Irritable Bowel Syndrome… it’s the topic we don’t want to, but definitely need to talk about.
It’s more common than you may have thought, did you know around 10-15% of Americans have IBS? If you’re finding yourself running to the toilet, or never going to the toilet and suffering uncomfortable cramps, you may have IBS.
The good news is, IBS symptoms can usually be managed with dietary and lifestyle modifications. With the correct treatment, people see reductions in symptoms almost immediately.
Read on, for our full guide to recognizing the main signs and symptoms of IBS.
Physical Symptoms of IBS
As the name suggests, the main symptoms of IBS relate directly to bowel movements. But, the signs of IBS can vary from person to person. A rule of thumb: if digestion causes you significant discomfort, or you are experiencing changes to your normal habits, there may be an underlying issue to investigate.
Look out for these main symptoms:
- Abdominal pain and cramping
- Changes in frequency and consistency of bowel movements
- Excess gas
Of course, everyone experiences these symptoms sometimes and it’s not always something to worry about. Think about it, if you ate half your weight in takeaway foods the night before, is it really that surprising if you have some less-than-pleasant symptoms the next day? But, when your symptoms persist or become unmanageable, that’s when it’s time to seek medical guidance.
Sometimes physicians will prescribe medications to help manage symptoms but they will also recommend you keep a food diary to identify possible food intolerances. Around 70% of people with IBS identify certain foods that trigger their symptoms, but if you’re unsure of your trigger foods, look at these health tests to get more informed about your food intolerances.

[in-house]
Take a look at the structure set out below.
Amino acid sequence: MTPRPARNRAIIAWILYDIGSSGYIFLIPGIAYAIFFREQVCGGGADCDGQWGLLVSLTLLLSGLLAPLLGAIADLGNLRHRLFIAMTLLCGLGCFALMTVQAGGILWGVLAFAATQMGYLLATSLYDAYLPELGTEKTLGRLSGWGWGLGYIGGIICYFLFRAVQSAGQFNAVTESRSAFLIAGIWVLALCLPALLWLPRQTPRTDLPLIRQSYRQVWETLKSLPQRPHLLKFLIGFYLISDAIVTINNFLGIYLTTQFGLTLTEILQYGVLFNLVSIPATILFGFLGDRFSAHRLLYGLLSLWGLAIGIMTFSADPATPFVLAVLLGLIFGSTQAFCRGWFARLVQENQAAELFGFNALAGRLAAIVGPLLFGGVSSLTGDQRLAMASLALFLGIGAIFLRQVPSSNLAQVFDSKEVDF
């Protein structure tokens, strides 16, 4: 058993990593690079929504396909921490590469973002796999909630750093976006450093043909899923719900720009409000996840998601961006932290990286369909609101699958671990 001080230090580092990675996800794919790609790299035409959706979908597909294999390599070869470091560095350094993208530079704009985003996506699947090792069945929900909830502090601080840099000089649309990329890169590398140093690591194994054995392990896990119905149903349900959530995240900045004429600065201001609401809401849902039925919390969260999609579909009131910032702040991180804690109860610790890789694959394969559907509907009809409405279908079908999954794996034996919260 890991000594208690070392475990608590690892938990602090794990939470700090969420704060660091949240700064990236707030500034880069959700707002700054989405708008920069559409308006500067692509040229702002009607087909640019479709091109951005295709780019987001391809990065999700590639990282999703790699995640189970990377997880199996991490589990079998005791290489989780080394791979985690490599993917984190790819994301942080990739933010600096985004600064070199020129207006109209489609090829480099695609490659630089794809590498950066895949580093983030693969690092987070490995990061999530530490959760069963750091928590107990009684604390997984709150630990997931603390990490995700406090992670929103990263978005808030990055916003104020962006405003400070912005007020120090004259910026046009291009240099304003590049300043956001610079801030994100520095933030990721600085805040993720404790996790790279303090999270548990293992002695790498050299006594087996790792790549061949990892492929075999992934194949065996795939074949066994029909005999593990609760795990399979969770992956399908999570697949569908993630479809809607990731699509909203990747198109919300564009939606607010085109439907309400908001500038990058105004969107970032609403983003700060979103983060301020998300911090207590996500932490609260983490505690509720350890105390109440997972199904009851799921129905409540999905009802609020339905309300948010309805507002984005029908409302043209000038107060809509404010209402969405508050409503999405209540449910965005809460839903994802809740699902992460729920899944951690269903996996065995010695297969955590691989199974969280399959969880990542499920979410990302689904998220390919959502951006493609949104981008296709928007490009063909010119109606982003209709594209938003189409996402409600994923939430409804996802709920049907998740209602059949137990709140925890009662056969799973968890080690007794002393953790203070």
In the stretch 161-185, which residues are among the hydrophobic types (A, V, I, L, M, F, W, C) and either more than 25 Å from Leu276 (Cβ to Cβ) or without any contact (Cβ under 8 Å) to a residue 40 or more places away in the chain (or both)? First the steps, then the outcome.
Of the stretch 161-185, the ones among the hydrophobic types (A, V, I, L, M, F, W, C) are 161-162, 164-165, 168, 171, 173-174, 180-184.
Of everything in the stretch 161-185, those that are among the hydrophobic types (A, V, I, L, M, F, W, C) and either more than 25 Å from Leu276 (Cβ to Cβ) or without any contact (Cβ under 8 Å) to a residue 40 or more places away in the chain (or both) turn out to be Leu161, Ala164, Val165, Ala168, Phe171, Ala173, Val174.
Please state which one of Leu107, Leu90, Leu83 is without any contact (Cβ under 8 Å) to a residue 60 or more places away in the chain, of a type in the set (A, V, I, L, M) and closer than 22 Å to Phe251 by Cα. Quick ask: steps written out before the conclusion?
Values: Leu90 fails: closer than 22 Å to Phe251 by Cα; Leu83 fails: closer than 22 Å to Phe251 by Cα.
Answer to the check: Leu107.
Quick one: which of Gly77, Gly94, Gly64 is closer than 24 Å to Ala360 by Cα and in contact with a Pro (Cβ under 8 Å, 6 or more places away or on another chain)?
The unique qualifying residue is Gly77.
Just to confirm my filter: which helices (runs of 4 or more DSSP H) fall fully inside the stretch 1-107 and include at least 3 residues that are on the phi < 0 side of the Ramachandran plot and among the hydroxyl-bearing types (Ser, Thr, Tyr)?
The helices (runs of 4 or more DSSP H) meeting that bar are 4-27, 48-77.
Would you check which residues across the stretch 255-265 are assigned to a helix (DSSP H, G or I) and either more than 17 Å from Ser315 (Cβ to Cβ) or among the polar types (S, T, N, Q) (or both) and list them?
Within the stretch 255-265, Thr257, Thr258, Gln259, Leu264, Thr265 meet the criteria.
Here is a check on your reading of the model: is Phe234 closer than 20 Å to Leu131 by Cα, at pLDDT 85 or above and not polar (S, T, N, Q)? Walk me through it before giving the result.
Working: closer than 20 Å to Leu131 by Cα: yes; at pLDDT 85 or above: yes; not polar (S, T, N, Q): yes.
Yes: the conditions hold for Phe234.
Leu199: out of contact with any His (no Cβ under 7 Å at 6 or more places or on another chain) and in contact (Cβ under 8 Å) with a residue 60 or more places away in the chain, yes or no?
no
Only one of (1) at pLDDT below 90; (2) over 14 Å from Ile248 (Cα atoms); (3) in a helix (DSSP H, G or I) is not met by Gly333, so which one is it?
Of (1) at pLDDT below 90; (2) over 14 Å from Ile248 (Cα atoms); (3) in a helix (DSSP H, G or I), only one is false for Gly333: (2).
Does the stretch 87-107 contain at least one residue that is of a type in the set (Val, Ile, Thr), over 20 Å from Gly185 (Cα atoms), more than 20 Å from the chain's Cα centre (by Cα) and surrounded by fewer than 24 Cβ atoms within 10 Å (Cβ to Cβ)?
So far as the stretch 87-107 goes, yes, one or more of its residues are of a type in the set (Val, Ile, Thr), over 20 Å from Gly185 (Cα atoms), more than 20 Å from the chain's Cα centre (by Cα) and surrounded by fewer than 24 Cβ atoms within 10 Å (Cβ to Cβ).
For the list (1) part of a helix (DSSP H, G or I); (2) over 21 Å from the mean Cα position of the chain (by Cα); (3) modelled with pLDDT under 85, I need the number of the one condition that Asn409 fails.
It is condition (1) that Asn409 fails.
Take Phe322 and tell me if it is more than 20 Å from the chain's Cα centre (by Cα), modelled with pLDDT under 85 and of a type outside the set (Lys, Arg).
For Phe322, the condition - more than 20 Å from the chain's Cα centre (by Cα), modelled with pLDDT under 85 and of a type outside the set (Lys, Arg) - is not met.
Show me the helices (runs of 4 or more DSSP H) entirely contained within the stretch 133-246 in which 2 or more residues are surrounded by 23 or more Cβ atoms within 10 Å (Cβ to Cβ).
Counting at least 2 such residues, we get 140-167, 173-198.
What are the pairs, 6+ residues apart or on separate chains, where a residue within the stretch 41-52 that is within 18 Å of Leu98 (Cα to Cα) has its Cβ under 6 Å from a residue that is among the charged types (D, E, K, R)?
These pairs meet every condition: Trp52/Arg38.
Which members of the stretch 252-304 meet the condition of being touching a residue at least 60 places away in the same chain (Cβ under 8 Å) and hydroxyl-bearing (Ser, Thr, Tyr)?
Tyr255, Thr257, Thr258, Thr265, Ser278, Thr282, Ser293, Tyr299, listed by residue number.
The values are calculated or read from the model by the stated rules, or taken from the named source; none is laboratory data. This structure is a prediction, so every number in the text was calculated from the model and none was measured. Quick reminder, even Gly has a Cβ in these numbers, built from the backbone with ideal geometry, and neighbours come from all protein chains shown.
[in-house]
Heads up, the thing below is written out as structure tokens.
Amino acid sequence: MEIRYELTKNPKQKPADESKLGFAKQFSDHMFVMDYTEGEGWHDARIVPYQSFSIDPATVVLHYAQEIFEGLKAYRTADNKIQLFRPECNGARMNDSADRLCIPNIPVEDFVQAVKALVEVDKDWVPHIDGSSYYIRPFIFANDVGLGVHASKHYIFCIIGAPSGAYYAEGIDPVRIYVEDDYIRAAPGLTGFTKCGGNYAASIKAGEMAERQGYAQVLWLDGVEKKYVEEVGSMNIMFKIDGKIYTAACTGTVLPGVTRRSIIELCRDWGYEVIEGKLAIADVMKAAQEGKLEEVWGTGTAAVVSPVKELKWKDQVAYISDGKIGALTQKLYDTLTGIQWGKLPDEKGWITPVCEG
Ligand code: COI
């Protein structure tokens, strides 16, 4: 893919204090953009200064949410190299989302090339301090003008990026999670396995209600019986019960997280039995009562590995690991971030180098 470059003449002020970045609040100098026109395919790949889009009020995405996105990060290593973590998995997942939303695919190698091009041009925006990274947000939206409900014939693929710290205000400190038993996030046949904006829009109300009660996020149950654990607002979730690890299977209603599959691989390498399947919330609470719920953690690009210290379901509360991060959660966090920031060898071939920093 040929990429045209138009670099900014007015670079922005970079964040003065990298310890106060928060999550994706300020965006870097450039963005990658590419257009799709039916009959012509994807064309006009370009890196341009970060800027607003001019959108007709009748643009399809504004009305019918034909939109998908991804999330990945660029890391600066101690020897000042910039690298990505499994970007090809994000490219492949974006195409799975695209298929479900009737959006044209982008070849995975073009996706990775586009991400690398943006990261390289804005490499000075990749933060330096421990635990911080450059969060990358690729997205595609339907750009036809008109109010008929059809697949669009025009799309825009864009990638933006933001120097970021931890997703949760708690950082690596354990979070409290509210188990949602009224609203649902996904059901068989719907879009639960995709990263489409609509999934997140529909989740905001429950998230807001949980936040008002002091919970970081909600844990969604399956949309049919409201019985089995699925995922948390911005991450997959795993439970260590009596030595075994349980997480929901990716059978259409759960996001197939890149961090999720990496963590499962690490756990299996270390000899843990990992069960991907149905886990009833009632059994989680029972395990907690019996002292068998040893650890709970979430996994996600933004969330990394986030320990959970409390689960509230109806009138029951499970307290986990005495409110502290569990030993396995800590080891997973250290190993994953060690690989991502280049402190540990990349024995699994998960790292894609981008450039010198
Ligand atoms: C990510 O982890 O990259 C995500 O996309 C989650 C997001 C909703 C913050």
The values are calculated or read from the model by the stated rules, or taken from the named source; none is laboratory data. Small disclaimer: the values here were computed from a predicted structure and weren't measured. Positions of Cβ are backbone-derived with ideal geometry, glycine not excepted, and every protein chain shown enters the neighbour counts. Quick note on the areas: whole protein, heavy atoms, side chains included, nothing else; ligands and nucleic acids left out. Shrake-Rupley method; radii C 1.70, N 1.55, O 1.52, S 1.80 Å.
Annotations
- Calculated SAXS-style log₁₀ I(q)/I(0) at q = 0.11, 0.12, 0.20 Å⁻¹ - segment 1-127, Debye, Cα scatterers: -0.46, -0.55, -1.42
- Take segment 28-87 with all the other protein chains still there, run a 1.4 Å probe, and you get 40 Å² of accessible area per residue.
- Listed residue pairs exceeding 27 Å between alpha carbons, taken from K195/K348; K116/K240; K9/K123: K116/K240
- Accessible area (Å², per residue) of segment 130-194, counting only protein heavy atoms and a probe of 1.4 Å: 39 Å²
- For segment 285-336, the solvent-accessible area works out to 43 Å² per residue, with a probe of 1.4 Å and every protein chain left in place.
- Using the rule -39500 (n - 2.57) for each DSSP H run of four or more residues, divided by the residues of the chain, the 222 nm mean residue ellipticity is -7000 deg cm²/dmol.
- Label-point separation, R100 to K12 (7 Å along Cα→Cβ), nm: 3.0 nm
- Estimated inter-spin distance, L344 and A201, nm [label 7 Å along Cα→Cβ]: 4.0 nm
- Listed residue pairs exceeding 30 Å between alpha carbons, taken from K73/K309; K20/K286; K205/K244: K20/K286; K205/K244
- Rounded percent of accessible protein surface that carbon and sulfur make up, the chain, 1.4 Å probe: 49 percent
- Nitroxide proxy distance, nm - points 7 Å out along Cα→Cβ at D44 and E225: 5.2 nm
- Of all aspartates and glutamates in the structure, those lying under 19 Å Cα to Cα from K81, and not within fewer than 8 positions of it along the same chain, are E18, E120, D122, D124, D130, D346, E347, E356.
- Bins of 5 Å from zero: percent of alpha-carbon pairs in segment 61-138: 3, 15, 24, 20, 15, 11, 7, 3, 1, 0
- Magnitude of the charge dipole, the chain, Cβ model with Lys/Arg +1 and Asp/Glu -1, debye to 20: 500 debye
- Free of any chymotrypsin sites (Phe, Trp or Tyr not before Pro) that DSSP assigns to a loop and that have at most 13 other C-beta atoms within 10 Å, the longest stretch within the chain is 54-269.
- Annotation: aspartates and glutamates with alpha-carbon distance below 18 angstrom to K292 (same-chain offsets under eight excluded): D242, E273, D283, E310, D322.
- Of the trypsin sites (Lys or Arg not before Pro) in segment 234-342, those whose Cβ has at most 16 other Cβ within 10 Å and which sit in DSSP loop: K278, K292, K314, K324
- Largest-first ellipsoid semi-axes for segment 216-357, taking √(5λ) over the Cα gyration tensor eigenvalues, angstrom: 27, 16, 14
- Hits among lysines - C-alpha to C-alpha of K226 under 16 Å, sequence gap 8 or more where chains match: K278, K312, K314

Knock-On Effects of IBS
If you think you may have IBS there are other symptoms you should be aware of that may have an adverse effect on your health. The main knock-on effects are fatigue and poor sleep quality, but it can also have more serious effects on your mental well-being.
IBS and mood disorders, such as anxiety and depression, are linked. Although it isn’t always clear whether mental health problems cause the IBS or the other way around. Either way, gastrointestinal issues and mental health perpetuate each other in a vicious cycle.
To live your best life, it’s important to try and moderate your lifestyle to look after both the physical symptoms and the knock-on effects of IBS. Generally, it is advised to identify food intolerances, consume a healthy diet (low FODMAP works for many), and to remain active.
Get Ahead; Treat Your IBS Today!
So now we’ve identified the main symptoms, are you thinking ‘do I have IBS?’. If you’re unsure, the next steps are simple: get yourself to a doctor for a chat, invest in food intolerance testing, get active, and modify your diet.
You should see a reduction in IBS symptoms almost immediately.
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